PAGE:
Willamette Valley – Beacon Hill Winery & Vineyard

Willamette Valley Wines – Sub AVA Tour – Soil
As we virtually tour the sub AVA’s of Willamette Valley, we’re finding that each of the AVAs shows a unique character. One of the variables is the soil common in that AVA, there being 3 main types in the Willamette Valley: volcanic, marine sedimentary, and windblown. Today we venture into the Yamhill-Carlton AVA.

(click on any photo for a full size slideshow)

Yamhill-Carlton AVA
The Yamhill-Carlton AVA boundaries outline a horseshoe shaped bowl between 200 and 1000 feet elevation to keep the AVA on the hillsides and away from the valley floor. The common character is marine sedimentary silt-loam soils unique to this area. Can one taste the difference between the soils in different AVA’s? Let’s give it a try.

Disclosure: the wines for this post were provided as samples. No other compensations was involved, all opinions expressed are mine.

Beacon Hill produces a number of Pinot Noirs, giving us a chance to compare two different soil types.

Beacon Hill Winery and Vineyard
Beacon Hill Vineyard was originally planted in the 1990’s by a well known name in Willamette Valley, Tony Soter. The property was acquired in 2011 by new owners George Hillberry and Carla Rodriguez. George and Carla are not newcomers, they are owners of several other vineyards in Willamette Valley and have been involved in winegrowing here for many years. Now under the Beacon Hill Winery and Vineyard label, they offer estate wines from a number of vineyards in the area.

Beacon Hill Winery and Vineyard commitment to sustainability is highlighted by their LIVE certification. LIVE certification covers all aspects of vineyard and winery operations with the intent of minimizing environmental impact from all farm operations.

Beacon Hill Winery, Beacon Hill vineyard 2018 Pinot Noir

Beacon Hill Pinot Noir Yamhill-Carlton AVA “Beacon Hill Vineyard” 2018 (sample, $45 SRP) 14.2%abv
Eye: Clear, pale ruby
Nose: Clean, medium intensity aromas of bright ripe cherries, strawberries, red plums. Notes of cinnamon, cedar and a touch of clean earth are present but subtle.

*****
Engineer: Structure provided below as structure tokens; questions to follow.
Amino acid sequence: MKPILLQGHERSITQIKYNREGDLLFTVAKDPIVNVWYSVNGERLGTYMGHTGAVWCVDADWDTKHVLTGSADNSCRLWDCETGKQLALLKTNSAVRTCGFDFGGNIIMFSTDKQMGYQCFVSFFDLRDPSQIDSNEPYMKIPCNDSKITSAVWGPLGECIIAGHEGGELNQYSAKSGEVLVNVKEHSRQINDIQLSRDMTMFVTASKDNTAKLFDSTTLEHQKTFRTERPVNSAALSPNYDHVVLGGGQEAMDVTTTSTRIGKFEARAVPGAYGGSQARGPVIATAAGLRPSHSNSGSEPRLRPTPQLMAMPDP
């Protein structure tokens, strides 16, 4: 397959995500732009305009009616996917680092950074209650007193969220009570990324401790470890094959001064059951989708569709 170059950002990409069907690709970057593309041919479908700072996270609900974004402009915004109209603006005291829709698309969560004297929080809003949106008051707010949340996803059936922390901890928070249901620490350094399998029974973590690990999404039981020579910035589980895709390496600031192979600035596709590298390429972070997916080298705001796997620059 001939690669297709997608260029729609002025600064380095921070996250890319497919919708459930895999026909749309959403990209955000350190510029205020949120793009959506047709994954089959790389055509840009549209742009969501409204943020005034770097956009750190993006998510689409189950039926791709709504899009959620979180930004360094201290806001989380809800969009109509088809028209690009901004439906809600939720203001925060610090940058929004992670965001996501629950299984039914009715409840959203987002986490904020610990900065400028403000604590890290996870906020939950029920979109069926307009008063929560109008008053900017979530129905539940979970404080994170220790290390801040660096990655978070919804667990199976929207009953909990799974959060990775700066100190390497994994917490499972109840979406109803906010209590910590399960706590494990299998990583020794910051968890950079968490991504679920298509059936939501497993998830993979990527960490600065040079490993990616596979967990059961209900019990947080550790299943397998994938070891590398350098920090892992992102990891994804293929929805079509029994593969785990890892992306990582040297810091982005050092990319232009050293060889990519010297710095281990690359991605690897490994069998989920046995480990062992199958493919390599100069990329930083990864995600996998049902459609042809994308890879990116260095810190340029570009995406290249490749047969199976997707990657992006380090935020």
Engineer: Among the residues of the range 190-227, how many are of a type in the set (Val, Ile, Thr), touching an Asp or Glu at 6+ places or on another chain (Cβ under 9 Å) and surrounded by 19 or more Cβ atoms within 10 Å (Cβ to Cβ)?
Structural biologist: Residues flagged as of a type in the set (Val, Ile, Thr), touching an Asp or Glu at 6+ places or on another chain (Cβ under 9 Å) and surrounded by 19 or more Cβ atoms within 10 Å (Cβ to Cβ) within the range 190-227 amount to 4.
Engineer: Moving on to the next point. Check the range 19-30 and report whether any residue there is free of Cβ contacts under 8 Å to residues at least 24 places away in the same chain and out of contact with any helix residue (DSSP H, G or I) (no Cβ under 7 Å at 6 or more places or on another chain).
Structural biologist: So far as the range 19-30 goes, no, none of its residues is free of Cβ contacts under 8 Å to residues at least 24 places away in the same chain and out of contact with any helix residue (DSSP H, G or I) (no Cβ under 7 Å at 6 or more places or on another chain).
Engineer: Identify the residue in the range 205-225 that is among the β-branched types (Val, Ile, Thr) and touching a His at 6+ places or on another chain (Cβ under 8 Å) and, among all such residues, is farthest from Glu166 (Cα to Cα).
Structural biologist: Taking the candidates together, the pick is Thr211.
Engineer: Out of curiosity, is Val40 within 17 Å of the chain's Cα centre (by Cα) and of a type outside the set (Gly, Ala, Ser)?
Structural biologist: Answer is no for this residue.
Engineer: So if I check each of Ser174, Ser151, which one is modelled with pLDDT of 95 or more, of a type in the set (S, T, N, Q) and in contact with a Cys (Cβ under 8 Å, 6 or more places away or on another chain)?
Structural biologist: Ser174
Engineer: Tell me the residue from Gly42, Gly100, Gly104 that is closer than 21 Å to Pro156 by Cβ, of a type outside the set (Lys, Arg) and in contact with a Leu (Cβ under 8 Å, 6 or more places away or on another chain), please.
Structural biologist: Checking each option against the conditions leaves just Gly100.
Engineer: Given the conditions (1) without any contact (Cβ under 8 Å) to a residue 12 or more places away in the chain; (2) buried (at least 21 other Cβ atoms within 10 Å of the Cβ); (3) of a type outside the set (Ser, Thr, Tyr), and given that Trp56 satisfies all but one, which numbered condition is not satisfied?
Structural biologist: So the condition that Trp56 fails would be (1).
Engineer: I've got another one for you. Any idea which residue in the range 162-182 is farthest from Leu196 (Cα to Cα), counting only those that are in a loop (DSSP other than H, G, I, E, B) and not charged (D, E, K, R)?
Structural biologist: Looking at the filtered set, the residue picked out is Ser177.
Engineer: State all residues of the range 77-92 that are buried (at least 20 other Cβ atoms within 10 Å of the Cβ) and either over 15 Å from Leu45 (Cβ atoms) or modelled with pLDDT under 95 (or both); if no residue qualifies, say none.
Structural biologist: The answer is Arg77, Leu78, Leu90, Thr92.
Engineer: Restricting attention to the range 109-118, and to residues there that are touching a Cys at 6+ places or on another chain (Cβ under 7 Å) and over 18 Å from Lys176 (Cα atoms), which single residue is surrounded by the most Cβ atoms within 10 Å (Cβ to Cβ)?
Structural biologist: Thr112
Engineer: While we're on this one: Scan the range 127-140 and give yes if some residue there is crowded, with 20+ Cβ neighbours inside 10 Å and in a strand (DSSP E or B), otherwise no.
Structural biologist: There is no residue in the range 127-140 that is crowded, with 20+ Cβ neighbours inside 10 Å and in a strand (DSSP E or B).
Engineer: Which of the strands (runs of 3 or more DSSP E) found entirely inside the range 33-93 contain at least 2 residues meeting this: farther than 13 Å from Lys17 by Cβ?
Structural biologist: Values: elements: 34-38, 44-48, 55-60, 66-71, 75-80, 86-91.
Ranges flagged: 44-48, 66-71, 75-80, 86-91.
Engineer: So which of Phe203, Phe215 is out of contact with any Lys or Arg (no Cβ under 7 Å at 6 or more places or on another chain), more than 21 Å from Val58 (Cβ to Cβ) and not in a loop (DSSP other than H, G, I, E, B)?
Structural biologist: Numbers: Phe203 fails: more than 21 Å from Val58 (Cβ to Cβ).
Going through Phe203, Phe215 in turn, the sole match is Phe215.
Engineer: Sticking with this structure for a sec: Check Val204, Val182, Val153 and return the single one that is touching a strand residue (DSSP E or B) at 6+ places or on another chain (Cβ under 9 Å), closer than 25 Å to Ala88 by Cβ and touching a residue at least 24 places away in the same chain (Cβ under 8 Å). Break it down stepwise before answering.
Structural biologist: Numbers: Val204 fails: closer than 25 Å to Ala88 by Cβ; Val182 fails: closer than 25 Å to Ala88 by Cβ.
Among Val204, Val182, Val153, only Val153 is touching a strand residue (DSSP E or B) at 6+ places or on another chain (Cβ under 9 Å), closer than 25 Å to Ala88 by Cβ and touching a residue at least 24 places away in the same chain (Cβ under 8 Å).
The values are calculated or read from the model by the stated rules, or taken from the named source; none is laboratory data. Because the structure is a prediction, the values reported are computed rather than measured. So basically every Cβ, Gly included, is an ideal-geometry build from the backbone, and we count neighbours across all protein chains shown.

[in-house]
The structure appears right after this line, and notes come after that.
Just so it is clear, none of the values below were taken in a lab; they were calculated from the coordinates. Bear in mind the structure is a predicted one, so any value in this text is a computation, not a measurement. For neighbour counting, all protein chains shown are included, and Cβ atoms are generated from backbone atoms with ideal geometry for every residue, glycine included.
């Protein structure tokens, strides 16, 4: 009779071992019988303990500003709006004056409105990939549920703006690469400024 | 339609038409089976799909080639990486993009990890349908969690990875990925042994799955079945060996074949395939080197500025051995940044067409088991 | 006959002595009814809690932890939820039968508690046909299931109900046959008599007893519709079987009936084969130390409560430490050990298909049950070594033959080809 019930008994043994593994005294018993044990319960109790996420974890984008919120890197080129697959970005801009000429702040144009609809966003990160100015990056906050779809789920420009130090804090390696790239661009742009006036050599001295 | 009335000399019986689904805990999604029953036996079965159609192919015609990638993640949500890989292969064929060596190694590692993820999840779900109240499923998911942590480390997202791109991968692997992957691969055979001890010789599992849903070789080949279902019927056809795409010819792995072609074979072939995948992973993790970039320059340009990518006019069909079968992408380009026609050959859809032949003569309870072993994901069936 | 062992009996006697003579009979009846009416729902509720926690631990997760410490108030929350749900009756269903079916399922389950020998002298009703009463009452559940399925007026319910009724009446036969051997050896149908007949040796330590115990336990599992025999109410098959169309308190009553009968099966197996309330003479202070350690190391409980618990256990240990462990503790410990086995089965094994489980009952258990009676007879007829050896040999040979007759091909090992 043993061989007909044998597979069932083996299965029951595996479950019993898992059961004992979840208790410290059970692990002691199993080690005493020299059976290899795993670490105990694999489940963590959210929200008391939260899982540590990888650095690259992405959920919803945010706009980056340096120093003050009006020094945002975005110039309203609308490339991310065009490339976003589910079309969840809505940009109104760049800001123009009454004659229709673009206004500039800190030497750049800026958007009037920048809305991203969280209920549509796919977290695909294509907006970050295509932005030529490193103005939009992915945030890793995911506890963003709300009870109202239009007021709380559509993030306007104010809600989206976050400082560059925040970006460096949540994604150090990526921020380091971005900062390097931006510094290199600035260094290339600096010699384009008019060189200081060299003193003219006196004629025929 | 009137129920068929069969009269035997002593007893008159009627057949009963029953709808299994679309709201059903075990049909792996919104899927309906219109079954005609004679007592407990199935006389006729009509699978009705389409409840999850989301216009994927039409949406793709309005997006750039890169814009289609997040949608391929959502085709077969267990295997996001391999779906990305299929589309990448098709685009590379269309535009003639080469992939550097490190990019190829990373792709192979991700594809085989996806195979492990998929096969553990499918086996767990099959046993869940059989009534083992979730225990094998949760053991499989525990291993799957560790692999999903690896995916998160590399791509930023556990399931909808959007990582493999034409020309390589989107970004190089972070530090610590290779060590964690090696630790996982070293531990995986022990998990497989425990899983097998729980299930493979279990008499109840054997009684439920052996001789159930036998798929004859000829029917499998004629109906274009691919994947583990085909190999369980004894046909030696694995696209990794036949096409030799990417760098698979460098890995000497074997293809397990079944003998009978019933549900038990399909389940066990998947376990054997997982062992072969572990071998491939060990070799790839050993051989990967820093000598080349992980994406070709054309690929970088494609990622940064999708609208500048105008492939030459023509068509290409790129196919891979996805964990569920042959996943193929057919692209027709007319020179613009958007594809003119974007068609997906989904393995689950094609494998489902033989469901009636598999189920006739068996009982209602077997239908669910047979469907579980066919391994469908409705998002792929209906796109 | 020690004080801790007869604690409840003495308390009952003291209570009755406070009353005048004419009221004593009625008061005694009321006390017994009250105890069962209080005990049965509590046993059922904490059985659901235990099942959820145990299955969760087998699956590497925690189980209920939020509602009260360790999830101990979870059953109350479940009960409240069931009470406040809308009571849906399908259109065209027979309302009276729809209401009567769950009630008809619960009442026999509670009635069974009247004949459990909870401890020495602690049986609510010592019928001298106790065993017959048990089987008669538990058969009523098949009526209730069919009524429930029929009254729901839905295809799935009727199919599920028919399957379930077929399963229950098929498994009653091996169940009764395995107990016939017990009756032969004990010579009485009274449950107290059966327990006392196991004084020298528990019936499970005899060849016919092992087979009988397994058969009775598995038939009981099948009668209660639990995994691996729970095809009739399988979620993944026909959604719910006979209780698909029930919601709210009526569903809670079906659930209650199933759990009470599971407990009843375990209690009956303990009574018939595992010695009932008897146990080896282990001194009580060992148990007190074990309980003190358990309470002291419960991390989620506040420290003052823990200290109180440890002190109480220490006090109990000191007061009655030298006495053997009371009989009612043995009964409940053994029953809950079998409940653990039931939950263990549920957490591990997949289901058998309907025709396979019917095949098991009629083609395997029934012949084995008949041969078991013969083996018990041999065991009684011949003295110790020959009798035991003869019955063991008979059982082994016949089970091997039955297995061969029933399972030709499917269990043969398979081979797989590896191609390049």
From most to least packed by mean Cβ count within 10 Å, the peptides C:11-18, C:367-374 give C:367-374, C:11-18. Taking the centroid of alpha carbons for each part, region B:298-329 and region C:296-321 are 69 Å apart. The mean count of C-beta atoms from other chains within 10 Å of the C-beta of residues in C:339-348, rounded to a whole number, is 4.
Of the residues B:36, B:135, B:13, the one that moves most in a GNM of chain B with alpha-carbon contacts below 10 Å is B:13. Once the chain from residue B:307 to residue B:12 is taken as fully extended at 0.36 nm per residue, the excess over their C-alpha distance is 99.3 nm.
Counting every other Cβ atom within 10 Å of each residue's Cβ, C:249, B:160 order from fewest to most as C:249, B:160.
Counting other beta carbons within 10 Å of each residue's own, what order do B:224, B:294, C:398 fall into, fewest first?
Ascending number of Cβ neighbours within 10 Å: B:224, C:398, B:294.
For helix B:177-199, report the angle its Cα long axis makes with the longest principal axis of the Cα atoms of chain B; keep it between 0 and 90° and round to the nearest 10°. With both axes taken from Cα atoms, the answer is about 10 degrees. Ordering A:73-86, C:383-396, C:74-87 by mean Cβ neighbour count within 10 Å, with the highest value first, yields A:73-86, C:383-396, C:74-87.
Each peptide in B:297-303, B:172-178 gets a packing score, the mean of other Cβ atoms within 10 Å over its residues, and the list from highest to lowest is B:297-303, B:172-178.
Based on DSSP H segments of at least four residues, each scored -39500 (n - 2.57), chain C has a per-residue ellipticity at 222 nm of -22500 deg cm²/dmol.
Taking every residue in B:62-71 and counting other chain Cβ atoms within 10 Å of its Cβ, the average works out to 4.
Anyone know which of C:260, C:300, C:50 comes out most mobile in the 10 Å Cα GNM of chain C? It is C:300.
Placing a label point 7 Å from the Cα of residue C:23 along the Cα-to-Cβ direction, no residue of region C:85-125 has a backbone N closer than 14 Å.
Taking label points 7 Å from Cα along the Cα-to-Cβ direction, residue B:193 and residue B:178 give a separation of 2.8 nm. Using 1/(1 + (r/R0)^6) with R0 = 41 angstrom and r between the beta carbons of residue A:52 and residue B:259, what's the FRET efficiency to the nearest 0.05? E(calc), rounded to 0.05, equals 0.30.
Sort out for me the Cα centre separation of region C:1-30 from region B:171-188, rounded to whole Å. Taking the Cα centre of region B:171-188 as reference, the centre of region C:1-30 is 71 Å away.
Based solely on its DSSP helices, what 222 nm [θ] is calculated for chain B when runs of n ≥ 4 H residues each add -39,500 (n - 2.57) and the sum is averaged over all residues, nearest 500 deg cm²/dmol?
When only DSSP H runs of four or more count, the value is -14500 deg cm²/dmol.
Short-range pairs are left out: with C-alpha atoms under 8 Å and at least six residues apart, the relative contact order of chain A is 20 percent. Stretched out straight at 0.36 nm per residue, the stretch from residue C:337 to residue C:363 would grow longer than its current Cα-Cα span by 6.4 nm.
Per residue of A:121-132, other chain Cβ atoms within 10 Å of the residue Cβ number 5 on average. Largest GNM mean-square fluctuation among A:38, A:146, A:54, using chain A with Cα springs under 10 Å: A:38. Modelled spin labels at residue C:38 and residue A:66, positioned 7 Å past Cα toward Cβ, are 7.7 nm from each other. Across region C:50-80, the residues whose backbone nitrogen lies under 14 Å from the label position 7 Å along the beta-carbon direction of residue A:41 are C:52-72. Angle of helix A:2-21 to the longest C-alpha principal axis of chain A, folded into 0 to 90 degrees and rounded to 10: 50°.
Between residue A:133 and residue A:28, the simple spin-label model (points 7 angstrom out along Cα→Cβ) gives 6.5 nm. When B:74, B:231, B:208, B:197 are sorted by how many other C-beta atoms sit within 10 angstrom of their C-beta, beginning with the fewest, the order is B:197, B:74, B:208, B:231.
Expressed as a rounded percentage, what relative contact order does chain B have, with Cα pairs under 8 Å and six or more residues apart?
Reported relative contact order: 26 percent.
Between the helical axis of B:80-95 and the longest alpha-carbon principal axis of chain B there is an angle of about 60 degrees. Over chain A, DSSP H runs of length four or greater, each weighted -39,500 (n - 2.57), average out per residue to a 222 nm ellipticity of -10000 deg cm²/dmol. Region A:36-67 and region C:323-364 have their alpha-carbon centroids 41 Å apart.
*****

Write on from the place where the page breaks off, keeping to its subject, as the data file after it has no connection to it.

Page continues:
Mouth: Dry, medium+ intensity flavors of bright ripe red fruit, especially red cherries and strawberries with cinnamon and hints of cedar and earth. Medium+ acidity, medium fine-grained tannins, medium body, generous mouthfeel, and a nice medium+ fruit based finish. While the alcohol is officially high, the wine doesn’t seem hot or unbalanced.

Beacon Hill Winery, La Sierra vineyard 2018 Pinot Noir

Beacon Hill Pinot Noir Dundee Hills AVA “La Sierra Vineyard” 2018 (sample, $45 SRP) 12.9% abv
Eye: Clear, pale ruby
Nose: Clean, medium- intensity aromas of menthol, red and black cherries and blueberries. Notes of clean earth and fresh garden herbs are present in the background. This wine is more reserved in the aromas and more savory than the Beacon Hill Vineyard wine.
Mouth: Dry with medium intensity flavors of ripe red and blue fruits: cherries and blueberries with savory undertones of clean earth and cedar. Medium acidity, medium- fine grained tannins, medium body with a creamy texture, medium alcohol with a nice medium finish balanced between fruit and savory.

Taste the Soil?
There are many factors which contribute to the flavor profile of a wine: climate, geography, geology, clone, winemaking choices. Pinot Noir is known as a grape which is capable of showing something of where it is grown. That is, the weather for the year, the overall climate, the geography (slope, etc…) and geology.

When we try to taste the difference in vineyard sites, our goal is to eliminate as many of the other variables as possible. When we can source from a single winery/winemaker, the comparison is as close as we are likely to achieve. The Beacon Hill website lists details for their 2017 wines, I had 2018 samples, but we can still see similarities and differences:

  • Both wines are 100% Pinot Noir with similar but not identical clone choice.
  • Both wines featured 15% whole clusters fermented in macro bins.
  • Both wines were aged 10 months in 25% new French oak barrels, although from different coopers (barrelmakers).
  • Grape characteristics at harvest were similar, at least similar in approach.

The Willamette Valley Wines soils document gives us some clues to look for in our tasting notes. The Beacon Hill vineyard is in the Yamhill-Carlton AVA which is mostly marine sedimentary soils. The La Sierra vineyard is in the Dundee Hills, known for mostly volcanic/basaltic soils.

After reviewing the soils document, I’d say my notes didn’t exactly match the predictions. However, vineyard differences between these two wines were obvious. The Beacon Hill vineyard wine was more outgoing with bright red fruit out in front. The La Sierra vineyard wine was more reserved and showed a much more savory character. Both were very nice and I loved being able to taste them side by side! Hint: this would be a fun experiment to try.

Barbecue Pairing with Pinot Noir
Under normal circumstances, I wouldn’t pair Pinot Noir with slow-smoked barbecued ribs. The barbecue sauce is usually sweet/spicy and with all those big flavors, the wine can be overwhelmed. My friends at Vindulge to the rescue! Mary and Sean published a cookbook this year, and one of their specialties is pairing barbecued foods with Oregon wines, especially Pinot Noir. The trick is to produce a barbecue sauce that is flavorful, but not so sweet and spicy and they succeeded. Their Pinot Noir Barbecue sauce recipe is available on their website, give it a try and if you like it, spring for their Fire and Wine cookbook!


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